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[WSS18] Import/Export System for Twine Stories


Twine Button Graph

Wolfram-Twine Bridge

The goal of the project was to build an Import/Export system between Twine Projects and the Wolfram Language. Twine is browser-based software used to make interactive stories and text-based games. One can think of a Twine story as a website, where each webpage is analogous to a passage in the story. Connections between passages can be as sparse or dense as you like. Essentially one has a network of passages. A nice way to represent a network is with a graph, this is one of the forms I use to represent a Twine Story in Mathematica. (There is a link to my code at the end of this post)

Twine Structure

The workspace for Twine projects is the Twine Editor, available online and desktop. A published Twine file is in html format. This is the file we want to parse for import.

Sample Twine file:

Twine HTML Structure

The HTML structure is simple:


Some published Twine Projects have other HTML information, though this is not necessary for Import or Export. All we need is whatever is within the <tw-storydata> tags.

Import Procedure

Initially, there were issues with importing the Twine files I had on hand. I presume it's because these files were not valid HTML (no doctype). The XML import did not work either, presumably for the same reason. Importing as XMLObject generated something that looked reasonable, but introduced an extraneous body tag in the middle of the structure. Riccardo Di Virgilio, an instructor at the summer school wrote a parser that takes in a string version of the file and outputs a properly nested XML structure.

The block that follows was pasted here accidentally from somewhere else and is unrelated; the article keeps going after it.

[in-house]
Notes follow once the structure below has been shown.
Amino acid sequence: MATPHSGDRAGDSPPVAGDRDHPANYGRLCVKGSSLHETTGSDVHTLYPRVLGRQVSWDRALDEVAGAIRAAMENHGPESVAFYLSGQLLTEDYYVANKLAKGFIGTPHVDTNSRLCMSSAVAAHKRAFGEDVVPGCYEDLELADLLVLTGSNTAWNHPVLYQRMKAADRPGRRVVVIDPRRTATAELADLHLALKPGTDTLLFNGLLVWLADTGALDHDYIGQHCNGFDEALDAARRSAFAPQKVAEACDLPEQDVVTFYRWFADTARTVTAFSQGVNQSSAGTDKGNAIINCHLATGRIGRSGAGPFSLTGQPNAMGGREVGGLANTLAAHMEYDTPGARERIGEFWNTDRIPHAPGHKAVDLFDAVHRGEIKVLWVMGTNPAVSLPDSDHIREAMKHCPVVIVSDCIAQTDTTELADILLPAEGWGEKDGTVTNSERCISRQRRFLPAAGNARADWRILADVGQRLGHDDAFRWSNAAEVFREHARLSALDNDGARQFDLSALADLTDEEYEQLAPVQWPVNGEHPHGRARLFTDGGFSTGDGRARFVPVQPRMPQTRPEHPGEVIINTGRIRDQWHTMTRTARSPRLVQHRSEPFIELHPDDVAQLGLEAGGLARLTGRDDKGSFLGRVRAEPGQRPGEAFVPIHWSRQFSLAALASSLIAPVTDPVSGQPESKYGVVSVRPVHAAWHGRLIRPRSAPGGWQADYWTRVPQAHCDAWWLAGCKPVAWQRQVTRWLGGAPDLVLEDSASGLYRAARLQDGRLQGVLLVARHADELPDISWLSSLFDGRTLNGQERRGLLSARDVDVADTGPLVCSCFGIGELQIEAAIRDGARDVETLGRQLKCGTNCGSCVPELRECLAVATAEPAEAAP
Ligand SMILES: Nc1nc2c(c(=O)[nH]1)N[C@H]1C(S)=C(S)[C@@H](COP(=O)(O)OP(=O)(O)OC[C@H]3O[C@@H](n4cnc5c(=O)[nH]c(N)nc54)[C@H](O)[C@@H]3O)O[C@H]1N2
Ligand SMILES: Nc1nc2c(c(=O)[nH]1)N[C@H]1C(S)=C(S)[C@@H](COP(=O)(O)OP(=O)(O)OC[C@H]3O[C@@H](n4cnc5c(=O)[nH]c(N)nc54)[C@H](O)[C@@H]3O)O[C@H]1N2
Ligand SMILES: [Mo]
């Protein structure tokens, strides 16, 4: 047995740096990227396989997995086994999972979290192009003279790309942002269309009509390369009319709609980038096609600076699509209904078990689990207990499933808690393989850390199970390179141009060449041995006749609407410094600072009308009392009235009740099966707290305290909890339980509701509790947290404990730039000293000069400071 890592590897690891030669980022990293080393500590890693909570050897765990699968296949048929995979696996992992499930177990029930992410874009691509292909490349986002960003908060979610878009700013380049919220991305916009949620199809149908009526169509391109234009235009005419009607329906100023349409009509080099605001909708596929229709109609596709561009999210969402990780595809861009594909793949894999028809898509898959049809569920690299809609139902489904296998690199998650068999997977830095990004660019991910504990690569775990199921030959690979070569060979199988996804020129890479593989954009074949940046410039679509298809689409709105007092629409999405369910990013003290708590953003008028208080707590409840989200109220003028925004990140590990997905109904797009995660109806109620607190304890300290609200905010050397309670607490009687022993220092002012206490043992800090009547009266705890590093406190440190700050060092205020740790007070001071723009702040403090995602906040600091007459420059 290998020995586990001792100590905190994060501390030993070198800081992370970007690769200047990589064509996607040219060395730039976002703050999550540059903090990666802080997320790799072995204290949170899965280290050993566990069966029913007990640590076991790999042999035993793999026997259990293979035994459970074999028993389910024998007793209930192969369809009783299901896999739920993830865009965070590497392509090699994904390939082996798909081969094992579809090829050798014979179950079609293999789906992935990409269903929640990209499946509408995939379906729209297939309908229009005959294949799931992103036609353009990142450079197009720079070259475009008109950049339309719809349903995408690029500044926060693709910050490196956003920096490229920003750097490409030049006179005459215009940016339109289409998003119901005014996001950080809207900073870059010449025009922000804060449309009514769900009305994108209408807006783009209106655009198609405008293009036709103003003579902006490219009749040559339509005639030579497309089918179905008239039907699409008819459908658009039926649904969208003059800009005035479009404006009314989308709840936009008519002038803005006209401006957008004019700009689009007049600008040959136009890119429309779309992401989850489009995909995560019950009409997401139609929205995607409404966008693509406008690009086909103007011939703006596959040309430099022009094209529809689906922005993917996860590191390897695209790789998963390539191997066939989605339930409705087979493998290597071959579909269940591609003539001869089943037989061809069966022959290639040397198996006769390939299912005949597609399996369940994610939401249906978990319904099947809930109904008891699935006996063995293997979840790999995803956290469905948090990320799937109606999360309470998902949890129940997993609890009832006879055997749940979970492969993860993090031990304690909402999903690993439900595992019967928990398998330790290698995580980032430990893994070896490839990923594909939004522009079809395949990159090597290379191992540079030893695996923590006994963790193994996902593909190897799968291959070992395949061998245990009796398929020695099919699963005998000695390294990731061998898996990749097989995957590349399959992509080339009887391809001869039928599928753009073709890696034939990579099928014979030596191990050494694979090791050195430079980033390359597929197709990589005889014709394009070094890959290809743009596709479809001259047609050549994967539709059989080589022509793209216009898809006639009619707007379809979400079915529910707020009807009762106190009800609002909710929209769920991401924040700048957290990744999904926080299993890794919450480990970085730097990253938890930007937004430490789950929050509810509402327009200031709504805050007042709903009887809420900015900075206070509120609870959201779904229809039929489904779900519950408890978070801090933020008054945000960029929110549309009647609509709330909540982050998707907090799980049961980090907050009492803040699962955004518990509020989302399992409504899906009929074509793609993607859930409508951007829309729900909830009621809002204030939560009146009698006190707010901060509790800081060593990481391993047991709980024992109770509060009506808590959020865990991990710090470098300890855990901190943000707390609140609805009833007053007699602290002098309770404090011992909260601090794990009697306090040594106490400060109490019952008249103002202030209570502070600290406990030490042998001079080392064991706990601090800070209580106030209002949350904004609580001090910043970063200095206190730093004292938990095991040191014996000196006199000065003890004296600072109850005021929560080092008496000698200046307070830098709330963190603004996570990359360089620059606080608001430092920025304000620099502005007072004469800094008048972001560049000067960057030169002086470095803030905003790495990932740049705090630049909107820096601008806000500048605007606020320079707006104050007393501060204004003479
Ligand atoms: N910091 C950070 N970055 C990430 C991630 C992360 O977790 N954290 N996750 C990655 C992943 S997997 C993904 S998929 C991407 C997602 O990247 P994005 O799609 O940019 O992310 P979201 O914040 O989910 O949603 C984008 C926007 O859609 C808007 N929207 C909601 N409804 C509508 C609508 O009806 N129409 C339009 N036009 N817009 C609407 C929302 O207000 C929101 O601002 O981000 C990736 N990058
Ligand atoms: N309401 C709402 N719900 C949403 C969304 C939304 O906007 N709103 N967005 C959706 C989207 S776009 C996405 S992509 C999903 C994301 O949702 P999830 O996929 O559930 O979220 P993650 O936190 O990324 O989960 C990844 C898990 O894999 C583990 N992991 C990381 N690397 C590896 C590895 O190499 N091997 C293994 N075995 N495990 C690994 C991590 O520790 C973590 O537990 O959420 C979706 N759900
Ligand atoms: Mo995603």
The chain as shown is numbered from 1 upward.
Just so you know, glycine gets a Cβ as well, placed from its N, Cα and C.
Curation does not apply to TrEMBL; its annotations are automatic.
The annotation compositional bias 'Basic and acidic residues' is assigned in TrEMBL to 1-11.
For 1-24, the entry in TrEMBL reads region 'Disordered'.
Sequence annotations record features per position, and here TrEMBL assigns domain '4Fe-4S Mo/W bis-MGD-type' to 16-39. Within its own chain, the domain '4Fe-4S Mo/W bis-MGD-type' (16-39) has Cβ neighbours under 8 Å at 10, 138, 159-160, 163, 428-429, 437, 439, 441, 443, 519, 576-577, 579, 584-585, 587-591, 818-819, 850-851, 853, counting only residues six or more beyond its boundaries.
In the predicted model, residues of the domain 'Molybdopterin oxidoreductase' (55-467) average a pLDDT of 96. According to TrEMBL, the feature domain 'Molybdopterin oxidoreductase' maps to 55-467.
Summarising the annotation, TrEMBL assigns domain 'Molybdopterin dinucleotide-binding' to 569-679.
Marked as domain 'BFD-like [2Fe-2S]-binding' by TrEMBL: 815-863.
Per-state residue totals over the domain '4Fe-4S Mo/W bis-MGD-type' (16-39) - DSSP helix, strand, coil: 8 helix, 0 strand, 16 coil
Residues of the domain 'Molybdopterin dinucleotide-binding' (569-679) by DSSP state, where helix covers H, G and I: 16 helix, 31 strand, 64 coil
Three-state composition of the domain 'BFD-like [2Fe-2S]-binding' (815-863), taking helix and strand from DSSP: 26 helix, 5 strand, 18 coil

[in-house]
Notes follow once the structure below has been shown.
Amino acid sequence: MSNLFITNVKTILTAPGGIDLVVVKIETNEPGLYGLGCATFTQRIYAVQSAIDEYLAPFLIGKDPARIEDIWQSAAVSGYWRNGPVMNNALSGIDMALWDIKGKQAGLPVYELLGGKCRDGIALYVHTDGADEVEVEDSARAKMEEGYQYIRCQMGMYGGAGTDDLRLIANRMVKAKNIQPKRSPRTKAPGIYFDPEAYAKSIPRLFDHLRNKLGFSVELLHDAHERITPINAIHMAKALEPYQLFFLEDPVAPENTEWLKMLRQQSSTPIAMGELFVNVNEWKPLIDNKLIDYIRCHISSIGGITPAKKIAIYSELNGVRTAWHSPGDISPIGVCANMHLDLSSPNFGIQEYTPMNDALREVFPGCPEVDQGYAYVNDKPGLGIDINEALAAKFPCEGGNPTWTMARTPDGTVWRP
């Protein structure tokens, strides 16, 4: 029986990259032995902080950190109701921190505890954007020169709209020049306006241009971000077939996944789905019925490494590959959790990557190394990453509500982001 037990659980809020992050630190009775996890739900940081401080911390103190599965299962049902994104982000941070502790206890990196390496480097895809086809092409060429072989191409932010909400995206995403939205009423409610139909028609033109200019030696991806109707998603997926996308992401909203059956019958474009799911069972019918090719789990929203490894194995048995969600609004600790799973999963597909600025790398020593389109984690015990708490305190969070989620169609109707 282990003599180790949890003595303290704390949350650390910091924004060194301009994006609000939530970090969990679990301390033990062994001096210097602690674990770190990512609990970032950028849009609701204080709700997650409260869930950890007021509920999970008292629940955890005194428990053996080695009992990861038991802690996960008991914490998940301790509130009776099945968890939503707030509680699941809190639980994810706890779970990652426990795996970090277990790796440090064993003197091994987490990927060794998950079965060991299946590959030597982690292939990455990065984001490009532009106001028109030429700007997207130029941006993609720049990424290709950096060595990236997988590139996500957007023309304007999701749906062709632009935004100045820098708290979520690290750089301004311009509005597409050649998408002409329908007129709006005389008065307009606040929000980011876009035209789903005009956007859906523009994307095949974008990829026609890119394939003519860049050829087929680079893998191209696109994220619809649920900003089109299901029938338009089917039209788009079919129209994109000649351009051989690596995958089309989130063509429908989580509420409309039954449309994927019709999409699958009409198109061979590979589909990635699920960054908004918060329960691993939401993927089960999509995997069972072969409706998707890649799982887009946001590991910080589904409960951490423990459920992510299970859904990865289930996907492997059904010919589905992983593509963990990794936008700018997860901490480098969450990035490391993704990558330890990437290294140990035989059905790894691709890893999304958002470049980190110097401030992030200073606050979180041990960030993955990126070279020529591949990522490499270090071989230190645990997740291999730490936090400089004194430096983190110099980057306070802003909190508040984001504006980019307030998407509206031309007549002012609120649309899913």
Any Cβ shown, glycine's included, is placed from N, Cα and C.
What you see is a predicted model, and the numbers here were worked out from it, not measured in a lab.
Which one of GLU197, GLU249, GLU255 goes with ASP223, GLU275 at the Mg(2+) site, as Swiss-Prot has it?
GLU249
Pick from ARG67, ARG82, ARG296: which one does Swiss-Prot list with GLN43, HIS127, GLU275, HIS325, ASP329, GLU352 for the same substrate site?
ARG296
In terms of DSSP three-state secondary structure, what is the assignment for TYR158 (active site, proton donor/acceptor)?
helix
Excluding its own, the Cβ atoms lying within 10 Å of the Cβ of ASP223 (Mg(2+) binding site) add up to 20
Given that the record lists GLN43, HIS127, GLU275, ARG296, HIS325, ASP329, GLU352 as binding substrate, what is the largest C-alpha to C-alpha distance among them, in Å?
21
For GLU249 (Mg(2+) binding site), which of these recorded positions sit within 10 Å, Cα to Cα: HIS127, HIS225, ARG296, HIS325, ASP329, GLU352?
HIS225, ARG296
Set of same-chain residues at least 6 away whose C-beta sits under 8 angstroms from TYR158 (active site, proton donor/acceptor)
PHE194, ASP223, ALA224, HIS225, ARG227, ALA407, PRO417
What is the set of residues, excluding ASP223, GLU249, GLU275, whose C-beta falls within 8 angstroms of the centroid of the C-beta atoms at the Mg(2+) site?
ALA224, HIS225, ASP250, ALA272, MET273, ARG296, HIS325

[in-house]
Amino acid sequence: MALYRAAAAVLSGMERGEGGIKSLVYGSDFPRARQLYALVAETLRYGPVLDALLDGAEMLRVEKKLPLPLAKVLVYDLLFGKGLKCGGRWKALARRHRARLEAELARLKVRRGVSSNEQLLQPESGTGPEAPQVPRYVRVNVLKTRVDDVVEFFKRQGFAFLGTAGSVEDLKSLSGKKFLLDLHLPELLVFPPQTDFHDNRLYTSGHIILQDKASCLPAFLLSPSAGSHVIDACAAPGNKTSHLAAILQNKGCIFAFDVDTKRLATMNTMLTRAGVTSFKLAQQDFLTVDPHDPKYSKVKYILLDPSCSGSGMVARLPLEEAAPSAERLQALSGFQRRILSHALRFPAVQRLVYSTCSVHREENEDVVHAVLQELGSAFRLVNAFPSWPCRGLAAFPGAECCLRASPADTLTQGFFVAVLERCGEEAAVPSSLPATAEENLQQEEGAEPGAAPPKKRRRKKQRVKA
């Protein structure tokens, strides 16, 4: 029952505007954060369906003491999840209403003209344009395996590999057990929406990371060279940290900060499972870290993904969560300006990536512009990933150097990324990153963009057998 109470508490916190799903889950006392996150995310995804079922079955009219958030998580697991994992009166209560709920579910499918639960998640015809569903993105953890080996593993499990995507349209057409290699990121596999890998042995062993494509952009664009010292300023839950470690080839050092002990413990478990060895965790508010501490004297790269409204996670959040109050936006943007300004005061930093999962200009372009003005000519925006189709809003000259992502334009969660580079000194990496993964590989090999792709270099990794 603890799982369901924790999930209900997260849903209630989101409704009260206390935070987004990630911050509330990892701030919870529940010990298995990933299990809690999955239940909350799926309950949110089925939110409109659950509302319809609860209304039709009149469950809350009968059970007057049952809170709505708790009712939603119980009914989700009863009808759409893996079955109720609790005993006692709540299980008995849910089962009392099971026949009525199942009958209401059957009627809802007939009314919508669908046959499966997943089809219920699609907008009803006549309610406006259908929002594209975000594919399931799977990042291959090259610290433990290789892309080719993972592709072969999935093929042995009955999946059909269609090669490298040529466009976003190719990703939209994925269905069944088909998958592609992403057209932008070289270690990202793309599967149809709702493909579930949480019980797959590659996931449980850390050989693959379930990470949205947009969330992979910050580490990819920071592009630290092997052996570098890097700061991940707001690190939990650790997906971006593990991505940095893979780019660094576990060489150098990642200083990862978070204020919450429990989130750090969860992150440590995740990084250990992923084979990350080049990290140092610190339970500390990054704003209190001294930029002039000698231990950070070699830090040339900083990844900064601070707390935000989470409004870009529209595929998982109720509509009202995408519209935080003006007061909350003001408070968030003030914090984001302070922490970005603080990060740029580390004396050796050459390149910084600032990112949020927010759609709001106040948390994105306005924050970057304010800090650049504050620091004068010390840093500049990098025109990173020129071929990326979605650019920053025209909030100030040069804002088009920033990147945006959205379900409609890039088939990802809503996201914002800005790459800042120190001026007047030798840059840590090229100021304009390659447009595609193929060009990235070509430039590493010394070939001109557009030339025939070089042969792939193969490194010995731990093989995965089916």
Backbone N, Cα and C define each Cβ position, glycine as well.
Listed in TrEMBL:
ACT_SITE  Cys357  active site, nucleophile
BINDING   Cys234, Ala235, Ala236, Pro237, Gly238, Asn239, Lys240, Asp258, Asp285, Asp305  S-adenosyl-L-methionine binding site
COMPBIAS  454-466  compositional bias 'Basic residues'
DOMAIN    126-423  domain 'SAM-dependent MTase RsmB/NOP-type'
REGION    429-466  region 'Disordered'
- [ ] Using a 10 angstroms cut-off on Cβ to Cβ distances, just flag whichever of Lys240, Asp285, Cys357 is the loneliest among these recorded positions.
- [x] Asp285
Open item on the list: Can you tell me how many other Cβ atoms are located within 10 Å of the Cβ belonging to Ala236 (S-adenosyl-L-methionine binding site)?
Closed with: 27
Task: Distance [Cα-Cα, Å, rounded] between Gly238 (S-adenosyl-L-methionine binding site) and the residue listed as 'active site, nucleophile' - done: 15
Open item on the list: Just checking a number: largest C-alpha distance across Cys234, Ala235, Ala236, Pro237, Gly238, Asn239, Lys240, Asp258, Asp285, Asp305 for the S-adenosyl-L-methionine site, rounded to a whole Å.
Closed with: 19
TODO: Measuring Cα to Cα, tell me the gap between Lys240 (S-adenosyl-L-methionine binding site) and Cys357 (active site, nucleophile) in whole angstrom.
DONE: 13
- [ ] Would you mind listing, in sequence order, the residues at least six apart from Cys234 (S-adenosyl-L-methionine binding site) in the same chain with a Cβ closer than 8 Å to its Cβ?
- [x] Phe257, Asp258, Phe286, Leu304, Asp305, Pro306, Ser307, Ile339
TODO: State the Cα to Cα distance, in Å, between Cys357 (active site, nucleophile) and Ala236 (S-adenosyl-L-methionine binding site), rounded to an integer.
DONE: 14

With the story data in XML form, I could start generating the Graph and Association representation. The first thing I did was look for the particular Cases of XMLElement patterns to extract the story title and passages. From there I used that data to construct a graph. Harlowe uses a pair of Double Square brackets to denote a link. To create the edges I defined two functions, generateEdges, and extractLinks. generateEdges takes in the passage name and a list of links and creates a directed edge between the passage name and those links. The list of links is generated from extractLinks. extractLinks takes in a passage's content and extracts all string content within Double Square Brackets and puts them in a list.

It's nice to have the graph, but there should be a quick way to see the content of each passage as well. I wrapped all the vertices of the generated graph with Tooltips so one can hover over them and see the passage content. To do this I made an association of the form <|"Story Title" -> "Start Here", "First Passage" -> "First Passage Content", ..., "Last Passage" -> "Last Passage Content" |>. Then I generate the output Association. The Import function outputs a list of the Tooltip Graph and the output Association.

Example output:

enter image description here

Export Procedure

To export a Twine project I wrote twineExport. It takes an Association form of a story and exports it as an HTML fragment. One can then import it into the Twine Editor. Twine passages also have a position attribute which I'm trying to make use of to place them nicely in the Twine editor. The current thinking is to mimic the layout of vertices from the graph representation. (I use twineSummary function for this, I'll share that in the next section). I can use the GraphEmbedding function on the graph. GraphEmbedding returns the coordinates of the vertices, then I just need to scale the points to orient nicely in Twine.